Flexible Security For Your Peace of Mind

Password reset best practices for self-service

(Last updated on May 13, 2020)

Security is an essential part of almost everything we do with technology today. We unlock devices, sign in to websites, and routinely find ourselves verifying our identity, whether we’re online for work, or personal time.

In a business setting, routine requests for password resets place a burden on the IT help desk. It’s estimated that such requests account for 20% to 50% of all help desk calls, at an estimated cost of $70 for a single password reset. In a large organization, this amounts to a real, measurable cost in terms of time and productivity, for both end users and help desk employees.

For this reason, self-service options for resolving password issues make a lot of sense. Simply implementing self-service, however, does not allow the IT help desk to wash its hands of these issues. In fact, if the self-service approach(es) your organization takes to resolving password issues is not user friendly or secure, you are introducing risk in the form of:

  • Downtime: employees are unable to access applications and data while they wait for assistance.
  • Poor ROI: relying on the help desk is a poor utilization of valuable resources. At the same time, a self-service approach that is cumbersome and requires a lengthy enrollment process will go under-utilized.
  • Security: challenge questions and password hints are a poor form of authentication in a world where people tend to over-share information. Even a traditional help desk scenario, where an employee calls or emails to ask for assistance, often lacks a way to authenticate the identity of the person making the request.

What does secure self-service look like?

Like many elements of security, self-service password resets require balance. Set the bar too high, and you’ll waste your investment and increase risk as people attempt to circumvent or ignore the controls. Set the bar too low, and you will fail to adequately protect your environment.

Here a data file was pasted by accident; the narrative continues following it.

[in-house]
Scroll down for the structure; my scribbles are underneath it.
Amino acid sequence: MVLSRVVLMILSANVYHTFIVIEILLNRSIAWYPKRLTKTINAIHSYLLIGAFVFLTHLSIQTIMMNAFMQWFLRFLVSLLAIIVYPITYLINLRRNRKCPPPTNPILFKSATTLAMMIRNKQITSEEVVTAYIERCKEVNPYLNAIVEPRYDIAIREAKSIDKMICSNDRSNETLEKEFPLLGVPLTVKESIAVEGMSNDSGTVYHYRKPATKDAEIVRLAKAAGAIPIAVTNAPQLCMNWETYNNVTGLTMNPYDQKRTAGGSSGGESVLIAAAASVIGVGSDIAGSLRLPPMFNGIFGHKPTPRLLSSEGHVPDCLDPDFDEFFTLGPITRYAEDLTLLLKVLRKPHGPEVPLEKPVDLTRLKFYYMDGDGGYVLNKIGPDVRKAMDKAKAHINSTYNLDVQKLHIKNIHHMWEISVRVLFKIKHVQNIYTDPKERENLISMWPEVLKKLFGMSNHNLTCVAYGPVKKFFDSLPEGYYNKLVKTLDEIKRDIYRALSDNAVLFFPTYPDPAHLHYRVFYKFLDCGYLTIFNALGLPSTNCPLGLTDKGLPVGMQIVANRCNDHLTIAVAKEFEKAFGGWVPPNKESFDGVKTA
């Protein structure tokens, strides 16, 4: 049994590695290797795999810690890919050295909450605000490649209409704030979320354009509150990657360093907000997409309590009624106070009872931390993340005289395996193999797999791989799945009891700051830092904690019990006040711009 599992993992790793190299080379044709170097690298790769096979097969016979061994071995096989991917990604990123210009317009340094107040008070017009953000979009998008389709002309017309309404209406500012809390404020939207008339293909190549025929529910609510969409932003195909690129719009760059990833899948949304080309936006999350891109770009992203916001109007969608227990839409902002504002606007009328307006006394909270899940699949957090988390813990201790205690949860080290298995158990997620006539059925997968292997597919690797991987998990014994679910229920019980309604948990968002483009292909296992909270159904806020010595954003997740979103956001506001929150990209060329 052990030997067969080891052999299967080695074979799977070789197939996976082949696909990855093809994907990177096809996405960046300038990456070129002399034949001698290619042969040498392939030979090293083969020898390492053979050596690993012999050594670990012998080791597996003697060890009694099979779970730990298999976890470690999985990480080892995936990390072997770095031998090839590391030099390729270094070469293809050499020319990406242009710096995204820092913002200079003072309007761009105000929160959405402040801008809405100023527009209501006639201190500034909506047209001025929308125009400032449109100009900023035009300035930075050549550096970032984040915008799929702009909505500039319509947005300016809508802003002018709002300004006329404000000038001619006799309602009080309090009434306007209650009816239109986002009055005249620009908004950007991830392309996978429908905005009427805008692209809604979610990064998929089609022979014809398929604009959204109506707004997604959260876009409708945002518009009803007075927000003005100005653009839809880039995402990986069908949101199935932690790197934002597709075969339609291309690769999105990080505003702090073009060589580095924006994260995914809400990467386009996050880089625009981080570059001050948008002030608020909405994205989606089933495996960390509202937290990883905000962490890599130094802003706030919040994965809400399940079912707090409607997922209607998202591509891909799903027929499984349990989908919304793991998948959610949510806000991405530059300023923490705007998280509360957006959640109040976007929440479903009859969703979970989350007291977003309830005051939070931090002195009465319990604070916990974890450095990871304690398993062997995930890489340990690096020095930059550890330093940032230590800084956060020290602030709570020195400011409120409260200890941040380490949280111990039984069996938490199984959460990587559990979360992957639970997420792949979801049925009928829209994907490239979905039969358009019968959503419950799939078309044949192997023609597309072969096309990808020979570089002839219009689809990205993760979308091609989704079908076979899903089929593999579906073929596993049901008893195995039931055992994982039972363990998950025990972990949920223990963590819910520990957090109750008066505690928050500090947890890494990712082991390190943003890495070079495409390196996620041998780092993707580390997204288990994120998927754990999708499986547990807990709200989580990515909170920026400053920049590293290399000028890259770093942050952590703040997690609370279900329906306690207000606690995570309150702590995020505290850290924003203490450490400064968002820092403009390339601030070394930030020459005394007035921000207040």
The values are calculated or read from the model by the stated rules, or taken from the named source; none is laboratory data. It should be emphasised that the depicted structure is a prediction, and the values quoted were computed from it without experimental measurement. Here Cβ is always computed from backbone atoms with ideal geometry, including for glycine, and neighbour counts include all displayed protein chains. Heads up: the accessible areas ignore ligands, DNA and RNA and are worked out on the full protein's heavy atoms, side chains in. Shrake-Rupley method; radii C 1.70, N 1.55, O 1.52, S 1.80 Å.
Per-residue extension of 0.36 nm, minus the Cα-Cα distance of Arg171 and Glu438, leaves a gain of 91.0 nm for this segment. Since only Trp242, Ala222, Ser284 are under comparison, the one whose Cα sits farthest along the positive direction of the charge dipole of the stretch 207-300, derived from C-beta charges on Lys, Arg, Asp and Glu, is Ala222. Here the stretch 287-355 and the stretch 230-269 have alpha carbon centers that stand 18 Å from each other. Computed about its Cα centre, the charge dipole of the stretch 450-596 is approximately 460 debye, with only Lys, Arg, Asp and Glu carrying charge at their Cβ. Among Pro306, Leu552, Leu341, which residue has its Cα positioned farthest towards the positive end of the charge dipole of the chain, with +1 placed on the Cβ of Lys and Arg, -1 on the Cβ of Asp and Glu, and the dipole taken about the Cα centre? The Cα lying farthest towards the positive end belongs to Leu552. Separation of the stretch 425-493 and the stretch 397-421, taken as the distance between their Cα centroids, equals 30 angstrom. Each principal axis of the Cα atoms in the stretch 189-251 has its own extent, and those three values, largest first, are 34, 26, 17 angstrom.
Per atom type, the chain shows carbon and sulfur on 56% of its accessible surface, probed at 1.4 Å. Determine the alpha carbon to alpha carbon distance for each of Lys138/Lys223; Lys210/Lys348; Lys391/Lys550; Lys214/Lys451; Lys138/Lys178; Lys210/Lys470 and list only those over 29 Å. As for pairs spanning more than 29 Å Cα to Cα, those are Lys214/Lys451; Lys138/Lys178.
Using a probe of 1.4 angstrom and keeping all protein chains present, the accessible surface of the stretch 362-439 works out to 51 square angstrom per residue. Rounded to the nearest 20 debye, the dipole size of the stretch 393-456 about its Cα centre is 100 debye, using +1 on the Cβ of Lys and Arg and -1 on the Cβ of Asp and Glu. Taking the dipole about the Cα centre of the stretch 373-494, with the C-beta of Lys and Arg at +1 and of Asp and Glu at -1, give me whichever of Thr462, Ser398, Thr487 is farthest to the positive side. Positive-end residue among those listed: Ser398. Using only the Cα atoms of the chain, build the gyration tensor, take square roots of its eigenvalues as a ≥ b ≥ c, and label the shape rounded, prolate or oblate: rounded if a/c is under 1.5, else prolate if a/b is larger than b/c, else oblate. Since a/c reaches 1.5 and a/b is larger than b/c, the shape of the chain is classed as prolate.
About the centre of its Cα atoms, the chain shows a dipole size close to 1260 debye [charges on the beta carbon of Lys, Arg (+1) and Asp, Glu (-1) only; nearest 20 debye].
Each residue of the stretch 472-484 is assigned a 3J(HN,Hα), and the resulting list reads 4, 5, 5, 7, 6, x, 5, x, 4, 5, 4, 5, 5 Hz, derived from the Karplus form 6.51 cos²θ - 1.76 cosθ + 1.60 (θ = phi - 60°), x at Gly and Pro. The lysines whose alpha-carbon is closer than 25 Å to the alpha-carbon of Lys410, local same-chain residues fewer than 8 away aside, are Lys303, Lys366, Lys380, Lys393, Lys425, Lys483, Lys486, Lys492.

With that in mind, self-service tools should enable the following password reset best practices:

  • Easy on-boarding or pre-enrollment options to ensure users adopt the solution.
  • Integration with existing tools like Microsoft Active Directory, group policies, multi-factor authentication (MFA) and other identity solutions.
  • The ability to authenticate everyone, everywhere, even remote workers who might be unable to access secure networks while their device is locked. In the case of remote workers, the solution should also update their locally cached credentials.

How to secure self-service password resets

By developing tools that empower users to reset passwords, Specops can help organizations manage their help desk costs while also providing a level of authentication that surpasses many of the common approaches to these issues.

Our password reset tool allows users to choose from more than 15 identity authentication providers (including existing investments such as Duo Security, Okta Verify, and Symantec VIP) when verifying their identity prior to a password reset. Administrators can even pre-enroll users with the identity providers using details that already exist in Active Directory. Removing this task from users reduces friction and increases the likelihood they will use the solution instead of requesting assistance from the helpdesk. The solution is especially useful for preventing lockouts for remote users as it updates the local cached credentials during a password change/reset.

Learn more about our self service password reset best practices, and request a free trial to get started today!

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